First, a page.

Over the next few days, I will publish, in a few short extracts, a fascinating essay outlining some of the core concepts behind “group genius”, developed in the US in the 1980s by Matt and Gail Taylor (architect and teacher respectively).
Their work, some of the basic assumptions and claims of whihc are neatly summarised into the 14 axioms which this short essay pulls together, is the foundation for the work of PwC’s The Difference. This is PwC’s successful collaboration and collective problem solving practice which has been operating in Australia for over 10 years now.
The Difference, in turn, based firmly in the work of MG Taylor, provides some of the core practice disciplines for The Impact Assembly, a new venture on which I am now working, which PwC is building as part of its evolving social impact practice in Australia. More on that in the future.
This short essay pulls together the underlying ideas and assumptions in a very accessible and appealing way.
At a time when we are all rightly obsessed with good ways to work “better together” and learn the art and science of good collaboration, this brief introduction to a very deep and well practiced body of research and practice is worth reviewing.
Fundamental Principles of Collaborative Design: The MG Taylor Axioms Bryan S. Coffman 01/25/1998
[Author’s Note: The Axioms were developed by Matt and Gail Taylor in the early 1980’s based on their emerging experience and awareness of the principles that govern group genius. They were not originally predicated upon behavior of groups in DesignShop® ev ents, rather, they were noticed in a variety of other fields from architecture to education before they crystallized in the invention of the DesignShop process. Therefore, the axioms may be applied broadly beyond the scope of MG Taylor® products and servic es. Having said that, the following exposition of the axioms is my interpretation alone and may only casually resemble their original meaning. After all, to add someone else’s experience . . . ; – )]
The Value of Demonstrating the Unprovable
Beneath any practiced science or art lies a body of unproven propositions. The experienced practitioner holds that when these propositions are diligently applied, they secure the highest value and the most consistent reliability in results. A codified body of such unproven guideposts are called axioms.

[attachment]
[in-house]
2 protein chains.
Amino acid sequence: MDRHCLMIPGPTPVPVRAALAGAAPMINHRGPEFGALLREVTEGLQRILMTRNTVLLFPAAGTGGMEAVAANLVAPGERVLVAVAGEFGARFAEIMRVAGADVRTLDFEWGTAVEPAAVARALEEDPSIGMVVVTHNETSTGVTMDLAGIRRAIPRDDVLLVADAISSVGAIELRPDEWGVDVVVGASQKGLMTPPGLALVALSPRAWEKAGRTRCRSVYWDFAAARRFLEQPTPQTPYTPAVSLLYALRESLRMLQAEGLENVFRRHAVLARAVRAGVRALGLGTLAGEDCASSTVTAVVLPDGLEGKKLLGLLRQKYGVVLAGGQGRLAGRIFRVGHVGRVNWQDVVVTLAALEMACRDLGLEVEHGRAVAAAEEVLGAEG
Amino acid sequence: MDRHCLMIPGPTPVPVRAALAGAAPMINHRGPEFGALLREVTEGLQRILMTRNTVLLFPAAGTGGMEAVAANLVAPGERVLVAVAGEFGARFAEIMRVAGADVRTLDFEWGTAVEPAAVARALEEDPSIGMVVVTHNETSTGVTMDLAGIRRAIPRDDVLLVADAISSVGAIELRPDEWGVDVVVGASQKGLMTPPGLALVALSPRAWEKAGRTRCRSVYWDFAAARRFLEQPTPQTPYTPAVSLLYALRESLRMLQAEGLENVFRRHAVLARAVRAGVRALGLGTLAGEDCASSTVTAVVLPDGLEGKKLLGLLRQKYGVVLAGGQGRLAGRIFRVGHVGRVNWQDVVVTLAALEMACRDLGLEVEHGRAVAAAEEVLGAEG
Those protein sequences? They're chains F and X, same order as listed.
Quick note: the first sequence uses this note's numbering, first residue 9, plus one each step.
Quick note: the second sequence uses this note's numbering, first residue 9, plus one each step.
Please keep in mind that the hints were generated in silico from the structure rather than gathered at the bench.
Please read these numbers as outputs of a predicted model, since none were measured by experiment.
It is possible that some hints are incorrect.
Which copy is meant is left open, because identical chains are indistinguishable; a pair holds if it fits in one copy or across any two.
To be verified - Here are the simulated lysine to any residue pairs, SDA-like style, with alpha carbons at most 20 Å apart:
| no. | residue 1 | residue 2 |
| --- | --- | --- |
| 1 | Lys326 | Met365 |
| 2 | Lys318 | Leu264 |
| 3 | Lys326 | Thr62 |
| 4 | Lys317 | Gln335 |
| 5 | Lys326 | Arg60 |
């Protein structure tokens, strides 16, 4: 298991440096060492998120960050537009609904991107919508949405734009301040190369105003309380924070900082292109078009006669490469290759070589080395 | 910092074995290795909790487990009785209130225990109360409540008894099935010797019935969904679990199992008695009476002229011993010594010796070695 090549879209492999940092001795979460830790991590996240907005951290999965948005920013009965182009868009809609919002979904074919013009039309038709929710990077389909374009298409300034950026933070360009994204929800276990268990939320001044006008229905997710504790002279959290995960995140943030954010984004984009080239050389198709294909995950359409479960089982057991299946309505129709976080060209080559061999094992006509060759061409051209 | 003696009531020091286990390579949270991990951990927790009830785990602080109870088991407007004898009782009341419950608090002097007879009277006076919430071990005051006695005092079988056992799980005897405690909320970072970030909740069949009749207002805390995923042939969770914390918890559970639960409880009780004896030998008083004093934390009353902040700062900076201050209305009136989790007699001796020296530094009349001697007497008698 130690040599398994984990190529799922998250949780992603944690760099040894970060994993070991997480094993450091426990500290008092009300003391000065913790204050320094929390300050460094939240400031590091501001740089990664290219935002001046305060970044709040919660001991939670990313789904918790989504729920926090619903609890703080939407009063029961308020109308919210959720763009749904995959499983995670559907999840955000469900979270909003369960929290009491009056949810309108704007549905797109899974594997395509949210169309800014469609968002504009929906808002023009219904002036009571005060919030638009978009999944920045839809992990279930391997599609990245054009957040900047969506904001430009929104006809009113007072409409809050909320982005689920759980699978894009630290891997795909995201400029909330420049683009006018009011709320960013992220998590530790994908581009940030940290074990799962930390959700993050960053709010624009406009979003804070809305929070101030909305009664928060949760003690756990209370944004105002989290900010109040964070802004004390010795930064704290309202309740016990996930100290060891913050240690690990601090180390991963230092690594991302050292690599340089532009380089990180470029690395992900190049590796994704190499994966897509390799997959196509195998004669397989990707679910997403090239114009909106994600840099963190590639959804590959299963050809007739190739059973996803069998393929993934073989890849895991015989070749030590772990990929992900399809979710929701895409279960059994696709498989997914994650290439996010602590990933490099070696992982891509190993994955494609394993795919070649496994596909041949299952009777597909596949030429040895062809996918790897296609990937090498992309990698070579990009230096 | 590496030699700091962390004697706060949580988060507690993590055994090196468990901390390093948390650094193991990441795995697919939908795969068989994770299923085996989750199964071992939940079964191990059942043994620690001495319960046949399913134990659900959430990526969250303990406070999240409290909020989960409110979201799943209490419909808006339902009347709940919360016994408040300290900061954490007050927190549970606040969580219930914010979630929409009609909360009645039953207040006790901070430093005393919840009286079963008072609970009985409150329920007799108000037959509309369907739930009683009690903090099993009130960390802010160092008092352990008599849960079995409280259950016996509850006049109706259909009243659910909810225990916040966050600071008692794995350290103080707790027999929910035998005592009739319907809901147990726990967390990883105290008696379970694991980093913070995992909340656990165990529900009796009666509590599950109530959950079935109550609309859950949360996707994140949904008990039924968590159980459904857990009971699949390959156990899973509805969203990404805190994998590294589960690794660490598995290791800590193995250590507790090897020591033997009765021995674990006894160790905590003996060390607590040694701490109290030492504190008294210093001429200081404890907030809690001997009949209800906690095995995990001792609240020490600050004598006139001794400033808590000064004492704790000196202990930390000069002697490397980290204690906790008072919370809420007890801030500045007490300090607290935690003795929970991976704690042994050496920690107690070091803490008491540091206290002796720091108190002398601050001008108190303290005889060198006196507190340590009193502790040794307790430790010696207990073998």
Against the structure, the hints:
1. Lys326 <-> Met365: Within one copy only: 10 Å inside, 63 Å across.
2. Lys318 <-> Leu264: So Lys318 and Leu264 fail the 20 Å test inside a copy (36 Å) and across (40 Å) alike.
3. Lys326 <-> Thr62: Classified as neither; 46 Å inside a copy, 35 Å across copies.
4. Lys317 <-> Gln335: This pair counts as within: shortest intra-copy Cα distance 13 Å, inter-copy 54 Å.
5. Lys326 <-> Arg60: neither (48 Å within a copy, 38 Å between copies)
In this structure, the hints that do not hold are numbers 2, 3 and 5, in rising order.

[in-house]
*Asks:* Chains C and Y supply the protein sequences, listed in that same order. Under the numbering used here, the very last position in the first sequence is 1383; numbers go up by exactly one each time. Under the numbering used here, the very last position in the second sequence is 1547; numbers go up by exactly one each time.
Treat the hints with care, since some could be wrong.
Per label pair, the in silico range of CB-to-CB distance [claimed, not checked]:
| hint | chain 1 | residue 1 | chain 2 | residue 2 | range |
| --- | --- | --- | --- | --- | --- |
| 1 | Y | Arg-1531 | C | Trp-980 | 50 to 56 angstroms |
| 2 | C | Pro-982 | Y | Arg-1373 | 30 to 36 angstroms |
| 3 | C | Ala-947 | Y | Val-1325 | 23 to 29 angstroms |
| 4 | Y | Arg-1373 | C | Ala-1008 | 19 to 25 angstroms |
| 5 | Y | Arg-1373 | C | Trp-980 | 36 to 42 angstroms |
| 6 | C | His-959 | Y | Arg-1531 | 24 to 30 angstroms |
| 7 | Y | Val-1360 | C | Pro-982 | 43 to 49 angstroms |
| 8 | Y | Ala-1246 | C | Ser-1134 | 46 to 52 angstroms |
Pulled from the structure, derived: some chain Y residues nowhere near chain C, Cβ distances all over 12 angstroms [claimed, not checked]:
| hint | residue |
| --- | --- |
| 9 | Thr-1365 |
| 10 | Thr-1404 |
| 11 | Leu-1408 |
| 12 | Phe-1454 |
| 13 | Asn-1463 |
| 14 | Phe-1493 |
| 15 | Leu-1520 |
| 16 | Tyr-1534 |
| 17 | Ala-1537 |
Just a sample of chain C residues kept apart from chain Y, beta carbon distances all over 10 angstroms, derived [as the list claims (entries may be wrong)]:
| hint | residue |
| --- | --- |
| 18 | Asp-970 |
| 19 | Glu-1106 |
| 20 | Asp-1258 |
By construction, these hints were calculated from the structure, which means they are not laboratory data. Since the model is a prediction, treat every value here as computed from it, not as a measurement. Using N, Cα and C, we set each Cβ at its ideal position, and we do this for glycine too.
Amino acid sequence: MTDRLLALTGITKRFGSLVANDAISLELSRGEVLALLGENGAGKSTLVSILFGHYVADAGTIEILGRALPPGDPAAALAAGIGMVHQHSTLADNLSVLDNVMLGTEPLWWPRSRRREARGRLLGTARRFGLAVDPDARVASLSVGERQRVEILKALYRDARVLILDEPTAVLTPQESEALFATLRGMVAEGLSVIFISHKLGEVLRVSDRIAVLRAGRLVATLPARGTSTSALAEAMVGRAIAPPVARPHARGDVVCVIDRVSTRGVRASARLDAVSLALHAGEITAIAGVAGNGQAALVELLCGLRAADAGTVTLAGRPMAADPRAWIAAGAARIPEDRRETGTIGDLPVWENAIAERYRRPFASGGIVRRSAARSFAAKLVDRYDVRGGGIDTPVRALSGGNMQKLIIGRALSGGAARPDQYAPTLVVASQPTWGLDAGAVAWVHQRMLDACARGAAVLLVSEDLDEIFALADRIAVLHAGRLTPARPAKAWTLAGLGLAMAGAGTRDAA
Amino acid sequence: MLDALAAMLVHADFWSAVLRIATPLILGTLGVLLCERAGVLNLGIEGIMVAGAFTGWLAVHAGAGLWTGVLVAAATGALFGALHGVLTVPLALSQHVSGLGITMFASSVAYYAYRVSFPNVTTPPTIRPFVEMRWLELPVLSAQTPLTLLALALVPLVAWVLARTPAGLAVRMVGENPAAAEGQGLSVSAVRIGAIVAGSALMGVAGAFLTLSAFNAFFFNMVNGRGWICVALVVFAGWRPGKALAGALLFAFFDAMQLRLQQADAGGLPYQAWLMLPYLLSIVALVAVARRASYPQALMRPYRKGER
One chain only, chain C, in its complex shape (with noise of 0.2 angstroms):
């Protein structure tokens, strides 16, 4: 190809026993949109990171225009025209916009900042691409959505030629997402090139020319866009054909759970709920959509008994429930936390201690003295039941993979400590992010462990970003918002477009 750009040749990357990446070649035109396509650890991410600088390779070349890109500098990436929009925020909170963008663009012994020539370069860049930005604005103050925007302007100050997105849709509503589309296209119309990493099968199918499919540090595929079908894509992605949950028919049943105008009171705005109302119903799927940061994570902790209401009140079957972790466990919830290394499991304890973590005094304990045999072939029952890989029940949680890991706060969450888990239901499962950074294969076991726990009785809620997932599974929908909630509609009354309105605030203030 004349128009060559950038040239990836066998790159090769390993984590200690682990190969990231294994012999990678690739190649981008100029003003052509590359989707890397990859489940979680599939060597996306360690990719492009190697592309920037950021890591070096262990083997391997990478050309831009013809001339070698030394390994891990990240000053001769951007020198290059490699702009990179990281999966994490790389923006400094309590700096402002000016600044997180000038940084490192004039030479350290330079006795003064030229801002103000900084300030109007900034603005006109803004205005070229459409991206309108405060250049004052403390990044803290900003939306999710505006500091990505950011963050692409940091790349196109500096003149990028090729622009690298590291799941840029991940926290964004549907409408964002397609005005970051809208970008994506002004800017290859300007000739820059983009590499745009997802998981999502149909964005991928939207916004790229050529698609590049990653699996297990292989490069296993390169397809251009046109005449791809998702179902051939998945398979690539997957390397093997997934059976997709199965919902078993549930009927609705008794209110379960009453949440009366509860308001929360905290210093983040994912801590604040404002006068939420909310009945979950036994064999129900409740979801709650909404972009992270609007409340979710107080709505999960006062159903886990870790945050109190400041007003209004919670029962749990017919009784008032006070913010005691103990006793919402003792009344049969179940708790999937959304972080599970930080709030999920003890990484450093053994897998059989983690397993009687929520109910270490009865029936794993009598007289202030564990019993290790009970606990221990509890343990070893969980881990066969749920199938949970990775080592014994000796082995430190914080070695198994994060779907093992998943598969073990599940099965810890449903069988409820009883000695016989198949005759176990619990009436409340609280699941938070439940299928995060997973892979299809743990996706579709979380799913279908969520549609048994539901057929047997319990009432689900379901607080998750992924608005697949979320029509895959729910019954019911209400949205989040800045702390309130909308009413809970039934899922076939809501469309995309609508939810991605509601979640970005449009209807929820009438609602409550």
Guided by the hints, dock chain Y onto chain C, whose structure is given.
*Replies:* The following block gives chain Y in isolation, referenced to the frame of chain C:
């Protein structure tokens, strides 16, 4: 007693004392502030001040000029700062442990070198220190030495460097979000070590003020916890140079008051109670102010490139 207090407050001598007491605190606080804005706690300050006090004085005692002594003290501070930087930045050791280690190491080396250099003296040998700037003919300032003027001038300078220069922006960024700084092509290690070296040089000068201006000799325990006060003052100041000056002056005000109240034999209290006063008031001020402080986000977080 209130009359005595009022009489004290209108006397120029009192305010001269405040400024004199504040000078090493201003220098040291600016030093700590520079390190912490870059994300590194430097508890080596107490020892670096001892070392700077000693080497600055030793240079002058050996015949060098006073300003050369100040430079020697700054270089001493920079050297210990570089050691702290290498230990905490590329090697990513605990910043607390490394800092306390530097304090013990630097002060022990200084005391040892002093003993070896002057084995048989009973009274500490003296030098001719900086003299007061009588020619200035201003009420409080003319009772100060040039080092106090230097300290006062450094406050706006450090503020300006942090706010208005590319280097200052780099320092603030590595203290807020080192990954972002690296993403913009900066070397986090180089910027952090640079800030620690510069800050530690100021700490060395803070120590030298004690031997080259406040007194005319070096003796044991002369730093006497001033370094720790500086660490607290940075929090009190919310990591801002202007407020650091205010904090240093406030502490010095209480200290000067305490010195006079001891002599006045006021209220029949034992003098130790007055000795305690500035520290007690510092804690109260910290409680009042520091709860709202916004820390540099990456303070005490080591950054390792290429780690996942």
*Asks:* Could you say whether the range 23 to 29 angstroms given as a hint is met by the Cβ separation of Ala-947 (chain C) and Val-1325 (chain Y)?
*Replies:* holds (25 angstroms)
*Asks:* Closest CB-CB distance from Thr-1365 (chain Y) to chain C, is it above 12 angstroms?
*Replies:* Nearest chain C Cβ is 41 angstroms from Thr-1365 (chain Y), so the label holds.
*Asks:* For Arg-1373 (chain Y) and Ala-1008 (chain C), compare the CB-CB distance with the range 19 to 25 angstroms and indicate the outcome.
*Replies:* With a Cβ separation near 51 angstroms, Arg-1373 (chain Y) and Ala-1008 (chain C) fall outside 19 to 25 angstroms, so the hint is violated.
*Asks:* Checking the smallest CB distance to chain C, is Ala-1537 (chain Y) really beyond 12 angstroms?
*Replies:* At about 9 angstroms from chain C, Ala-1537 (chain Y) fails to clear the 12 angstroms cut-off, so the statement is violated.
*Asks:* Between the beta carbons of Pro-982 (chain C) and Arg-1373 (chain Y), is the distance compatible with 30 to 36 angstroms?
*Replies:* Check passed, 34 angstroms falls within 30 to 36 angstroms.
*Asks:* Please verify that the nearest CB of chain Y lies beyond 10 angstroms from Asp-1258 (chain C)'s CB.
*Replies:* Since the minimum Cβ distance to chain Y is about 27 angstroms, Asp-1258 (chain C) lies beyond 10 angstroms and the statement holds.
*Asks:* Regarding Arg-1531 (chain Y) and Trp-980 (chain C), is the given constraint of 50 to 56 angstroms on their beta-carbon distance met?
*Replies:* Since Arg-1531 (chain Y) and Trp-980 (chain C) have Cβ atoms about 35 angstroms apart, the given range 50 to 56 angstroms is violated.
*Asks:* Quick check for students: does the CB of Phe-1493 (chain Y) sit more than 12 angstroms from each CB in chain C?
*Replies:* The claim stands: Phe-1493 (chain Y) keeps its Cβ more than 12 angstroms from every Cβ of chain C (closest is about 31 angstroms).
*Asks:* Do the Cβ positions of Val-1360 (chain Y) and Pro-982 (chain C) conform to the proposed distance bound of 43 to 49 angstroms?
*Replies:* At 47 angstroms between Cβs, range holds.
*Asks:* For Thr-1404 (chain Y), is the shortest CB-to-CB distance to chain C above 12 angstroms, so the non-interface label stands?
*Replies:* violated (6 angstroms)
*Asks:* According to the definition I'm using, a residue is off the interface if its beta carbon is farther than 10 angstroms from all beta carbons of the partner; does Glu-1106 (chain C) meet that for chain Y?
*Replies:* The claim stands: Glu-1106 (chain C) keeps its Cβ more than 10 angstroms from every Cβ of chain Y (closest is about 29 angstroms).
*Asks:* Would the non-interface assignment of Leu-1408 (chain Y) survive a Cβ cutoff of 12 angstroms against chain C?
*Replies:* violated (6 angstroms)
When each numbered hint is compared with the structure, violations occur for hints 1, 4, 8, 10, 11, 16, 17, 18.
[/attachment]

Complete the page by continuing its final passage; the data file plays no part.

This is the first of a series of articles which explain and explore the axioms and touch on how they apply to the design and implementation of DesignShop events and how they might be used in daily life as well.
The application of these axioms is both linear and nonlinear. As statements of fact, they can be accepted and applied directly, like a set of rules. When applied in this causal fashion, you may expect certain repeatable effects each time you invoke them. There is a one-to-one relationship between employing the axiom and experiencing its outcome. In this sense, they are reductionist and represent the nomenclature and anatomy of creativity as it is practiced in the MG Taylor approach to collaboration.
In another sense, they are holistic and require of the learner leaps of intuition to bridge the gap between understanding and application. One can learn the principles of good composition in art: they can be listed and memorized and identified in examples. However, applying these successfully in an original work requires the artist to fold them into her experience. There are no formulas. There is no one-to-one correspondence between the axiom and its expression. But you can see evidence of the axiom in the expression.
Experiment with these two ways of approaching the axioms. Apply them as rules and look to see the result. Fold them into your understanding of the nature of things, then begin designing events from a new perception of how things might work without trying to fit the axioms and your design together like some kind of puzzle. Make them your own as you learn to apply them.